Depression sets in leaving me numb, unmotivated, and apathetic. I feel shame and have a strong sense of self-loathing. I feel like I am a bad person – a bad mother, a bad wife, and bad friend. I feel so dependent and needy that it disgusts me. I feel like a pathetic burden on my friends and husband. I want to isolate and suffer in solitude where I won’t effect anyone else. I want to push people away so they can’t see me like this. Even people close to me. I am dreadfully emotional. I want to crawl into a cave and sob for eternity.

And the exhaustion can be so intense that I can not get out of bed. My kid begs me to get up and I am not sure how to do it. I sit in a filthy house and can’t imagine how I will ever get it clean and organized again. I know I need to do at least SOME work at home but there are days I simply can’t. Nothing.

Fortunately I am describing the worst case scenario days, and they are not all this bad. But I cycle in and out, up and down. Yesterday was a great day! My dearest mama friend and her entire family came over for the day. While her husband worked me over on his massage table for 2 solid hours, my friend took our 3 collective kiddos out to the garden and harvested for an hour or so, then came inside and start dealing with harvest as well as making lunch for us all, and doing the dishes in her wake. They were saviors. I was overflowing with love when they left and felt so very hopeful again. I was able to get a lot done, even after they left!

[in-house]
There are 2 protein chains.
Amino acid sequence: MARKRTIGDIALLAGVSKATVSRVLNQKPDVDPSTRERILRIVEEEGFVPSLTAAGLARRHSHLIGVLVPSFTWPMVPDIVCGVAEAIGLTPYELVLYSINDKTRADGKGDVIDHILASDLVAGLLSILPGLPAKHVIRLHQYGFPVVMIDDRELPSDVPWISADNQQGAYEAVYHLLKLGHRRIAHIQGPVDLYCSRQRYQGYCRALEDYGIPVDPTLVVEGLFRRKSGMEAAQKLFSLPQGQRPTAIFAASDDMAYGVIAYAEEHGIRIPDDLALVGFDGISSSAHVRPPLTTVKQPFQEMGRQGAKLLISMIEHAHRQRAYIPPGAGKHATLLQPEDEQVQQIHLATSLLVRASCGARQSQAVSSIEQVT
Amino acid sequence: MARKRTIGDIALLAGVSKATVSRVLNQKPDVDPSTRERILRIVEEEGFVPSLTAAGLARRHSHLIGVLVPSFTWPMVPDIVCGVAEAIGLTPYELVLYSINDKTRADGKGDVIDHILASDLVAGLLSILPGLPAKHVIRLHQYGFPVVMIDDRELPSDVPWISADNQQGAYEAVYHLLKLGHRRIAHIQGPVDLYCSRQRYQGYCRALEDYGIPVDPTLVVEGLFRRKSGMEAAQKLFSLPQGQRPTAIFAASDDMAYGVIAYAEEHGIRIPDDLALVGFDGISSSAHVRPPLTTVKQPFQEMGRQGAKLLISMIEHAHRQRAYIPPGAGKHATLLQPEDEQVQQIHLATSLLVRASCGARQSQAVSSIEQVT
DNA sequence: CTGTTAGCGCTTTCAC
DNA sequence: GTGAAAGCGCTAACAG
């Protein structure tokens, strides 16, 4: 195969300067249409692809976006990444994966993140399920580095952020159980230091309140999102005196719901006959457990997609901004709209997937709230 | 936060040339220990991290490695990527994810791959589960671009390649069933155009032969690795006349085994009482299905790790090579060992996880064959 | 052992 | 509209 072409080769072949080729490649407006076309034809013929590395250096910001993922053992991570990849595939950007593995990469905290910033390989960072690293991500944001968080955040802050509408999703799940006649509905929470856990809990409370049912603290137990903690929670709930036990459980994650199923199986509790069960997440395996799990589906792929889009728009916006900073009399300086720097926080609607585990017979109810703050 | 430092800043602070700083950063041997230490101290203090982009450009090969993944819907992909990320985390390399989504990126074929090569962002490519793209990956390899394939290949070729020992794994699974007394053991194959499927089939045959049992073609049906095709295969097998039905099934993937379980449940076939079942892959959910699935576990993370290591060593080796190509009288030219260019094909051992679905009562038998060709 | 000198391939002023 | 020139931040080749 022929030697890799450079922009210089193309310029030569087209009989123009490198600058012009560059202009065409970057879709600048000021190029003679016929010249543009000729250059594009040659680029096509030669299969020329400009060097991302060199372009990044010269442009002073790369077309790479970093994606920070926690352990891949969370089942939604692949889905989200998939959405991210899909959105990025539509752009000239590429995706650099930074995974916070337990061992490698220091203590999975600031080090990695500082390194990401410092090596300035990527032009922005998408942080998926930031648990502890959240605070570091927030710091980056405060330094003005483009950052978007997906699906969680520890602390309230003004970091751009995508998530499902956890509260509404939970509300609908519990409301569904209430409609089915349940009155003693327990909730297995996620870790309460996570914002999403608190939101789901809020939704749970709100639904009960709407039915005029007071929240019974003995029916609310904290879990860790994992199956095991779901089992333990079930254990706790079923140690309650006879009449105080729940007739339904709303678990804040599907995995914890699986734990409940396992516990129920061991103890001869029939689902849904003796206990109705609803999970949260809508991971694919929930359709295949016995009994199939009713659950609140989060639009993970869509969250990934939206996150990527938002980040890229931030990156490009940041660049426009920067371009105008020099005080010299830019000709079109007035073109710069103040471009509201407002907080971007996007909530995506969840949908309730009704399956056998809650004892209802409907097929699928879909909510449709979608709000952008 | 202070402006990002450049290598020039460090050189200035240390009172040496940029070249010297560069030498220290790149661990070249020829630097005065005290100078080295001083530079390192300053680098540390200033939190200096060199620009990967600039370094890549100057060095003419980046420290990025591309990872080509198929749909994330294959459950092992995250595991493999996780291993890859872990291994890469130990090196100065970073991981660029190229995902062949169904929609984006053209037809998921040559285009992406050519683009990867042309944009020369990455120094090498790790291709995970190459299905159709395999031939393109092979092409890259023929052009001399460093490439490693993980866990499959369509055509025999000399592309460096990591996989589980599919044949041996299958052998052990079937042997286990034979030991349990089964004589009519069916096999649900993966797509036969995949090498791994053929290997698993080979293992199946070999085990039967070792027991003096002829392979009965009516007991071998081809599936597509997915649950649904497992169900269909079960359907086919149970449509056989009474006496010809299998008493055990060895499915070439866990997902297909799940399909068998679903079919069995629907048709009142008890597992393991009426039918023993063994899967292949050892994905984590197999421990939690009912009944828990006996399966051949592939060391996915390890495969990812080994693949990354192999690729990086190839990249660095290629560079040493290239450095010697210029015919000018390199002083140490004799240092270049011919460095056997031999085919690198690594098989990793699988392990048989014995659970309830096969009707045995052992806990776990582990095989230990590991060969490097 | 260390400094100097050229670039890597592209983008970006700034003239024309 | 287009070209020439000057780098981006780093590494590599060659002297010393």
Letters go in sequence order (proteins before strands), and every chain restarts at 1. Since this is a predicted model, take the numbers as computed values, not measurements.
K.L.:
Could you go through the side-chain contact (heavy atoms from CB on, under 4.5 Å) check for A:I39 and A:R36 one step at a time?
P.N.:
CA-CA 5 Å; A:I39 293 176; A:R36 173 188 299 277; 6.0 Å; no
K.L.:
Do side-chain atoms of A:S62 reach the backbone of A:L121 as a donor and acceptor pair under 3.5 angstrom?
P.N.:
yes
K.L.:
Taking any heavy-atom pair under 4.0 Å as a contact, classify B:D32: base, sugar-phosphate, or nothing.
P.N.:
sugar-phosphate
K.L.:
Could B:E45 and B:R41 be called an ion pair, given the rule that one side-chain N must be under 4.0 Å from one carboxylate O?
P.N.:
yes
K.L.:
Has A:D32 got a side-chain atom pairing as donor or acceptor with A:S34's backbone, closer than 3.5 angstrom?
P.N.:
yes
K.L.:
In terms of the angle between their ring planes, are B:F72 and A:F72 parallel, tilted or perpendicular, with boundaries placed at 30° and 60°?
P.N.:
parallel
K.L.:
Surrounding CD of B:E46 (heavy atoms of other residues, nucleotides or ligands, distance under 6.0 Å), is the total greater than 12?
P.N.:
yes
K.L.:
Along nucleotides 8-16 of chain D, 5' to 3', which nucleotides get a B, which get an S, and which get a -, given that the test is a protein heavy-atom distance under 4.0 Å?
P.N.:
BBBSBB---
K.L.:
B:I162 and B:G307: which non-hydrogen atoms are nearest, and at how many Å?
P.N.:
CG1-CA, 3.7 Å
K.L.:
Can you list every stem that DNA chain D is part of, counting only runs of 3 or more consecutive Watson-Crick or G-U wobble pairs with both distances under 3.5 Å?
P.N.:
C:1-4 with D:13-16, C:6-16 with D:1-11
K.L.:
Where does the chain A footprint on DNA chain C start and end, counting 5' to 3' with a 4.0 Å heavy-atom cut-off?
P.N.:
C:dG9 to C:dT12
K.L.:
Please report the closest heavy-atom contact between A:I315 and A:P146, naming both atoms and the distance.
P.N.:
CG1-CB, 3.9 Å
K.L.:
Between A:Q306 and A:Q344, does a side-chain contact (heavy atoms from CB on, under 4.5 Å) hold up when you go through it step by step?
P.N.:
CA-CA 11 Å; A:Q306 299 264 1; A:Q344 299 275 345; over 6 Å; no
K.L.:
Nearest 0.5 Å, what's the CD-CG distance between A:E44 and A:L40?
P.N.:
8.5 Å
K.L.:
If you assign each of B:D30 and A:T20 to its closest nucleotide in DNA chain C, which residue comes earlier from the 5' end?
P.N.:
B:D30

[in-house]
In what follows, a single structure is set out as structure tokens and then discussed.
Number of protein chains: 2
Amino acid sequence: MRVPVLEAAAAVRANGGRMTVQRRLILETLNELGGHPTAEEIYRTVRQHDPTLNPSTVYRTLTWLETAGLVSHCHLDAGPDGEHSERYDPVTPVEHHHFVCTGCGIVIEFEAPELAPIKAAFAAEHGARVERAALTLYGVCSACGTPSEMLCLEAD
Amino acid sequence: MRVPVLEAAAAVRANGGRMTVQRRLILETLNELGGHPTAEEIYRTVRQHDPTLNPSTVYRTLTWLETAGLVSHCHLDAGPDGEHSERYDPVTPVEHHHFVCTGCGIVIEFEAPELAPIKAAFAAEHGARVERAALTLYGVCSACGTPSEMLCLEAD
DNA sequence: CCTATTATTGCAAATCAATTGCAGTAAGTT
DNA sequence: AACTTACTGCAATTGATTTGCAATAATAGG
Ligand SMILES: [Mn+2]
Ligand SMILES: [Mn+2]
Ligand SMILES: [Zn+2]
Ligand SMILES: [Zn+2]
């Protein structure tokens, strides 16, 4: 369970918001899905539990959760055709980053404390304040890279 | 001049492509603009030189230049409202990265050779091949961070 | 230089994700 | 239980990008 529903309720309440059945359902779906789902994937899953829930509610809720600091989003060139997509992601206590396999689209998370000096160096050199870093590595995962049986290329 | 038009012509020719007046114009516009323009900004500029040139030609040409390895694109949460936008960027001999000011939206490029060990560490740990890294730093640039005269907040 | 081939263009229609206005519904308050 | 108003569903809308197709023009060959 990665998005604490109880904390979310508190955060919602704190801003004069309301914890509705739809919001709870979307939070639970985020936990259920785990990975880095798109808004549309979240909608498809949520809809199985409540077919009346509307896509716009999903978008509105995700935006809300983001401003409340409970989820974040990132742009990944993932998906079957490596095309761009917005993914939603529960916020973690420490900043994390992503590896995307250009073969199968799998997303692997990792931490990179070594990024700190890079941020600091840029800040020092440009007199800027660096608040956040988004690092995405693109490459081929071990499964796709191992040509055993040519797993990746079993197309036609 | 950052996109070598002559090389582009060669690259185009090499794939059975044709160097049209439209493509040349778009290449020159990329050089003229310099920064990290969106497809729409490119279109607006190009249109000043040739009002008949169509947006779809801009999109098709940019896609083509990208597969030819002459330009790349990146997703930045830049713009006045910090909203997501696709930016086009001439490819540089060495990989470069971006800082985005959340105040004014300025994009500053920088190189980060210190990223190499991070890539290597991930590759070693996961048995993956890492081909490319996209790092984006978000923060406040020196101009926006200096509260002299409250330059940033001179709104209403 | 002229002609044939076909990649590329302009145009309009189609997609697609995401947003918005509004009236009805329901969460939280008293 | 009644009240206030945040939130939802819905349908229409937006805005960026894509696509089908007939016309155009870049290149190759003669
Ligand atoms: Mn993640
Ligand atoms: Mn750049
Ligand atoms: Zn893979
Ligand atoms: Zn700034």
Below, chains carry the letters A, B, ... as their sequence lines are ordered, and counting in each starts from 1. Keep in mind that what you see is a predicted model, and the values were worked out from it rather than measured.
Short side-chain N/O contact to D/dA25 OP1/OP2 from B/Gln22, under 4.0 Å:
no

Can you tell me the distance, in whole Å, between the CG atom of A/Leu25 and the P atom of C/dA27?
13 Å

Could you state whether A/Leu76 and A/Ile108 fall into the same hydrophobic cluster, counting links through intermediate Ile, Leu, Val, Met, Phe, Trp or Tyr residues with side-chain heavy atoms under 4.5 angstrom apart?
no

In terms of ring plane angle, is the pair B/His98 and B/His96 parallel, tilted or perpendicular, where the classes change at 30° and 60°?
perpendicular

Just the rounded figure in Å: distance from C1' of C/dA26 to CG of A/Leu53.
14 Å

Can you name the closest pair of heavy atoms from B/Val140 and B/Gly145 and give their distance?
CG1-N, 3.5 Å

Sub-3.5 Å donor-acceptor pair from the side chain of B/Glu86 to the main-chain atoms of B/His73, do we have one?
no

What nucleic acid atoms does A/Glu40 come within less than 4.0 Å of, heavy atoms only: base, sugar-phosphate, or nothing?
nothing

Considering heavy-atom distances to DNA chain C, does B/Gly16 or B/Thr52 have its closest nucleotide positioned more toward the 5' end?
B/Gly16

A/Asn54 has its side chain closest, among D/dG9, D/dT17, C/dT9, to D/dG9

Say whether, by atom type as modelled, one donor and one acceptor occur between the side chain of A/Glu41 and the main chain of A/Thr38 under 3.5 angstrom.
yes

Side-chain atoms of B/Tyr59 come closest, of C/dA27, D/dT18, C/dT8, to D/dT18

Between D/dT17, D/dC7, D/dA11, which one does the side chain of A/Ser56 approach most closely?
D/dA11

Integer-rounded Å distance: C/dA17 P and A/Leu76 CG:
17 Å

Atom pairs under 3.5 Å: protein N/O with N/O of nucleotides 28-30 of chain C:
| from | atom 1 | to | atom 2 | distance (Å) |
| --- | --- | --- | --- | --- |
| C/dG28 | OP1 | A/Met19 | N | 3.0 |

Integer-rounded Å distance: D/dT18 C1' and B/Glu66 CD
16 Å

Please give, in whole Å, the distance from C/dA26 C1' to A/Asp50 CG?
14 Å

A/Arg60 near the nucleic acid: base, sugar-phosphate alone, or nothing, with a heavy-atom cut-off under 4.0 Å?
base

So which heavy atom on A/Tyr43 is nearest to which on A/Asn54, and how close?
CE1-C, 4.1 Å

But today I am paying the piper for too much fun yesterday. I am back at the bottom – not quite in the dregs yet, but hovering only a bit above. The house looks like a cyclone hit it. And I just don’t care.

The other side of Lyme is the Tough Love Teacher. It always has something to teach me, whether I am interested in learning it or not. What I am learning through this relapse is gratitude, forgiveness, humility, gentleness. I am learning to love myself and take this one day at a time. I am learning that no one will die if they have to live in a house that is filthier that the goat barn. I am learning that my husband can actually enjoy milking our goat at 5:30AM! I am learning to stop, breath, feel grateful for all I have – grateful for the water I am drinking, the food I eat from our garden, the fresh milk I make my kefir with. I am learning to reach out to the higher power of my choosing and ask for help, strength, support and guidance on my healing path. I am learning that my friends and community love me and are there for me. I am overwhelmed with the offers of help, the prayers sent, the love poured upon me. I am learning to open my heart and receive these gifts, which is a damn hard thing for a self-sufficient, stubborn, fiery, Scot-Irish girl like myself. I am forgiving myself. I am drinking slow pots of tea. Lots of them. On the porch. While the weeds grow in the garden like Little Shop of Horrors.

OK Lyme Disease – you’ve got me again. But I will do my damnedest to stay afloat and see my glass half full. I open my heart and  embrace your lessons and choose to see this relapse as an opportunity.

An opportunity to learn, heal, and grow.

PS: Good news! I stared this post about a week ago and it has taken some time and energy to edit. But during this editing, I have seen a marked improvement in my energy with a dramatic decrease in my pain. It would appear the protocol I set out for myself is working. I feel very hopeful that I have caught this crash in time. Perhaps I won’t plummet ALL the way down this time around. Keep your fingers crossed for me…..